Another priest took Fr. Corpuz’ place. This priest heard about the boy’s plan to study medicine and told him of a scholarship offered by Ateneo de Manila University. If his marks are high enough, the priest said, he can try the selection exam. Tagle took the very competitive exam. During the first test, he did not understand the question “Type of Vocation” so he asked the priest supervising the exam to explain. The answer that the priest gave stunned the young Chito: it was a normal question, seeing that it was an exam to enter the seminary. He was furious and felt betrayed by the priest.
He admits that he had seen clearly and, after his moment of fury, he was confused. What did he really want? And he remembered the mystery of Fr. Corpuz, his life of sacrifice, to devote himself to the poor. While he was trying to rid his mind of priesthood, and kept telling himself medicine is the way for him, he was hoping, deep in his heart, to pass the exam for admission to the seminary. That didn’t happen because he was too young at the time. And all the while, his parents did not know about this.
In his confusion, he prayed for the Lord’s help. And decided to go to university. He was in a queue for the faculty counter when the priest that supervised the three-day test saw and scolded him for going to his parish priest to plead his cause. He took him to his office and asked if he had any friends among the Cavite priests. That’s when he knew the priest and Fr. Corpuz had been classmates. The priest’s final decision, then, was he will accept Tagle into the seminary but “under supervision” for six months.
His parents were very surprised and somewhat aggrieved because he did not involve them in his worries but they accompanied him to the seminary. Long story short, he was ordained deacon on July 18, 1981 and priest on February 27, 1982.
He never doubted his decision, not because of the qualities and talents he had to offer as a priest, but because of the strange and convoluted story of how he became to be one. It made him understand that his vocation is real: his life did not belong to him!
A breath of faith
His grandparents and parents instilled in him a spirit of devotion to duty, taught him to work hard, do well something, be a good neighbor to others and, above all, the faith. He breathed the faith first of all in a family consisting of people who worked hard and brought him up with simple values of faith, family, love for the church, good manners and sound principles.
Piety and Tradition
On popular piety, he gives as an example the celebration of the Black Nazarene of Quiapo. The faithful who come together in the basilica are mainly from the poor areas, who find a fellow sufferer in Jesus. They want to touch the statue or even just clutch the rope that is tied to the statue. They are people who have nothing else to hold onto but Jesus. Thanks to the initiative of the parish priest and the local committee organizing the celebration, many of these devout, sick and suffering people now help others who are poor and sick. In this way, popular piety moves on from being a private individual phenomenon to become service and community action. Tagle stresses that he has been greatly helped by popular religiosity.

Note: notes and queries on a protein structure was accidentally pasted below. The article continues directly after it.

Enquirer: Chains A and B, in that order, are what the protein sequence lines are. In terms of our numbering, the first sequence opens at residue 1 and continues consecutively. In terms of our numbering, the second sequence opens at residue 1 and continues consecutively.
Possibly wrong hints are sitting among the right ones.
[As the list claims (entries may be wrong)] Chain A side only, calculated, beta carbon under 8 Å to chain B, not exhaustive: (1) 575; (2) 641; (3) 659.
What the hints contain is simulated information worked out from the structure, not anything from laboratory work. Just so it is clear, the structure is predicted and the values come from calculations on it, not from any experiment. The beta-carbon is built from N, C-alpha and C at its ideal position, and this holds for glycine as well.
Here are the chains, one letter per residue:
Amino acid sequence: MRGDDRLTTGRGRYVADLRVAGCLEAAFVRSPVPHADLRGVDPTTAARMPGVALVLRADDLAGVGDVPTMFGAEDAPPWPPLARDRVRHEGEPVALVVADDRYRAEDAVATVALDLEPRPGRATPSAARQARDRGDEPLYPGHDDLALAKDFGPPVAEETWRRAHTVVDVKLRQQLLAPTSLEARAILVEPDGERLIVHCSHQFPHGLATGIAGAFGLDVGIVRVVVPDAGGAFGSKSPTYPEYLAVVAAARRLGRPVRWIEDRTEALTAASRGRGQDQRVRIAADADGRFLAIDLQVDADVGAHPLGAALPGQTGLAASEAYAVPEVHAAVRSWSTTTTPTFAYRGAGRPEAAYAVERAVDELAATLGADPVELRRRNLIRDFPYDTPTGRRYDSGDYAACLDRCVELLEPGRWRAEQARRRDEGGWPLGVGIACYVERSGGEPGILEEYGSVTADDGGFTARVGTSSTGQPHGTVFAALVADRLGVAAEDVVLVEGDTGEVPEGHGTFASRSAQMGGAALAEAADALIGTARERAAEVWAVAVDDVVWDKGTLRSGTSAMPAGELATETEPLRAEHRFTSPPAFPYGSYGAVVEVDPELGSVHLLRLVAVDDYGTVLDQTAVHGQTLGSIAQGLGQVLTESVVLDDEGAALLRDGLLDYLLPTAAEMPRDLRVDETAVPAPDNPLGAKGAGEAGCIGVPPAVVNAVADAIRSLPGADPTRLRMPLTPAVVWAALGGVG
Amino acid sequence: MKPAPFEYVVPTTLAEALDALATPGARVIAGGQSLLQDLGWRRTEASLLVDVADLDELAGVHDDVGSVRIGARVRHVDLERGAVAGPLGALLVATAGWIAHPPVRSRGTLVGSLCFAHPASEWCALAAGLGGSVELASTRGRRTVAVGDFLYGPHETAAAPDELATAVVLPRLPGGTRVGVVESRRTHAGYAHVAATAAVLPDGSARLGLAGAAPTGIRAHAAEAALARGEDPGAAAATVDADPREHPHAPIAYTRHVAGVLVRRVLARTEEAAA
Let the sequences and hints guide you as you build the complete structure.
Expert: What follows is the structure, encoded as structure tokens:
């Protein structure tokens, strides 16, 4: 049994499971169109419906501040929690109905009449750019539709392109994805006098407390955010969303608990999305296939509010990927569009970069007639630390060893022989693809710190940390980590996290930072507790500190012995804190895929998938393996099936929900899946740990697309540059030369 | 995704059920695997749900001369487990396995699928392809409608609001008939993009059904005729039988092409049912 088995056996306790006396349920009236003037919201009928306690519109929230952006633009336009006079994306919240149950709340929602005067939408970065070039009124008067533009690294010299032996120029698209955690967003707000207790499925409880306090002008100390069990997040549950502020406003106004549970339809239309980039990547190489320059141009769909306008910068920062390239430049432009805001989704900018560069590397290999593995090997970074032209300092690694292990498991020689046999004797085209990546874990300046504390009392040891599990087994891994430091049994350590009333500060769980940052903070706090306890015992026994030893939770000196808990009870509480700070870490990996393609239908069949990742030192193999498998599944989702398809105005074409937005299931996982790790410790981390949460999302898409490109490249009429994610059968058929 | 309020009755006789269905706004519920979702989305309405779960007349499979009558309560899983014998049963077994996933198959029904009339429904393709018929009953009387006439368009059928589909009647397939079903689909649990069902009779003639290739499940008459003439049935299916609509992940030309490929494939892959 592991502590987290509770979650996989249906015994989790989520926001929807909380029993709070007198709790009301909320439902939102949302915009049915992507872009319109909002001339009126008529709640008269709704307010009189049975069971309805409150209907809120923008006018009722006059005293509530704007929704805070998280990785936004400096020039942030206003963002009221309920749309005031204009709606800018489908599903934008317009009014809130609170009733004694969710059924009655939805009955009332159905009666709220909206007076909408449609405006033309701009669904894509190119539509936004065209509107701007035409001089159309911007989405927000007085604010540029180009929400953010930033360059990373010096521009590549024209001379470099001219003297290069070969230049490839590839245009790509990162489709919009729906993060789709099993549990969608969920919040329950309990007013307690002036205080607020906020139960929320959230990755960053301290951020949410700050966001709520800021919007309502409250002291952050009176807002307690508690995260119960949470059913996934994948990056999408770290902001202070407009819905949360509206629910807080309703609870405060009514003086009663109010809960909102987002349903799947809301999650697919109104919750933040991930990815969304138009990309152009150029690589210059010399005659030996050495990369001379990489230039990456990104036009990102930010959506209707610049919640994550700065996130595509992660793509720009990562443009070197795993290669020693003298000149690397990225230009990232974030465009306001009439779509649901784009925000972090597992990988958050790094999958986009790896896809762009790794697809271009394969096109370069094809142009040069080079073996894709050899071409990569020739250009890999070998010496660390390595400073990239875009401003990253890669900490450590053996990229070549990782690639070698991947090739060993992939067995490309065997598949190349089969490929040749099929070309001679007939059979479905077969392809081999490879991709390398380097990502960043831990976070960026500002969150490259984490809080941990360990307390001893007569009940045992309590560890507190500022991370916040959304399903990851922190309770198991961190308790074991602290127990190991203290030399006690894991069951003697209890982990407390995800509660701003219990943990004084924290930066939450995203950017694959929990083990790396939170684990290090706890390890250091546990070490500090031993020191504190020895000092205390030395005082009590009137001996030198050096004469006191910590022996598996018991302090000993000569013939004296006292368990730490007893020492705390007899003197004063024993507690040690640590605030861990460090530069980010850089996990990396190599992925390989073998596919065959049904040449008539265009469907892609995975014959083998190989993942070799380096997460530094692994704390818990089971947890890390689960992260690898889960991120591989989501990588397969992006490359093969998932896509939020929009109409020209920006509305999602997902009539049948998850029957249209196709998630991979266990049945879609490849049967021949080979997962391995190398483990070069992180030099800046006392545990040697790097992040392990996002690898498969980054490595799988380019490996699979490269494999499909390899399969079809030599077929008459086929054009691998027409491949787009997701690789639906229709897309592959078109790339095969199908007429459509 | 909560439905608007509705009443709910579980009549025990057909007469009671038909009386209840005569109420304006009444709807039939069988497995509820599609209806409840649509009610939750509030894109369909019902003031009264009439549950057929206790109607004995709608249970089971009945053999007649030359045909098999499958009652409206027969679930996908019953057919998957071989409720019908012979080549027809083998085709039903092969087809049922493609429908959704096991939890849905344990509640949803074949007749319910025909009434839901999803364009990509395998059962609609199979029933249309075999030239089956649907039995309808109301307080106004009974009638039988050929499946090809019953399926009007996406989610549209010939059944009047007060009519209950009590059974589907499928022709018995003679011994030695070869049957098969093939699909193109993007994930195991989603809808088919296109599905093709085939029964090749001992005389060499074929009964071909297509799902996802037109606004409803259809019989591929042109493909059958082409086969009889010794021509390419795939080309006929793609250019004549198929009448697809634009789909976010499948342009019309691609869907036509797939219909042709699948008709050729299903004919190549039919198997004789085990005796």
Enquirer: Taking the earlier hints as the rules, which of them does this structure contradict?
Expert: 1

Simple like the Pope
Except for “The Word Exposed,” I knew little of Cardinal Tagle. So, it was immensely satisfying to discover some similarities between the Pope and the Cardinal. Like, as a young priest, Tagle lived simply. He did not have an office and met people wherever there was space. He didn’t have a car and always travelled by public transport from Tagaytay to Manila to teach Theology in San Carlos University and Loyola School of Theology. Even as a bishop with a lot duties, he kept up his teaching because it “forces” him to read, go to the library and explore theology. He believes that an educator must be a friend of the seminarians. Like a friend who knows the way and guides them with kindness, who listens and enables them not to hide the truth about their lives. When the seminarians regard a teacher or trainer as a judge, they shut themselves up within.
Like Mother Teresa
In America, in the 1980s, when AIDS began to claim its first victims, he touched the sick people’s wounds with his hands and also those of their families. One of their jobs as volunteers was to tell the family when a sero-positive person was going to die. They helped them with their prayers and then, when the patient died, they took care of laying out the body. One day, they told a family that their family member was about to die. When they arrived, they came out of the room almost at once, blurting out, “But he’s not dead yet! Call us when he’s dead.” It was a very sad case for Tagle. At that time, anyone who had contracted AIDS suffered a very strong stigma. For him, sitting by the beds of those sick people, who were often very lonely, was a religious experience, something that enriched him both pastorally and spiritually. He remembers when a person with AIDS came into the room of a sick person who was about to die and could no longer speak. He was at the bedside of the dying person and the AIDS patient said to the dying man, “When you meet Jesus, tell Him we love Him. We love you, too. Goodbye, dear friend.” That evening, those who were ill and suffering taught Tagle, a doctoral student, simple love and trust.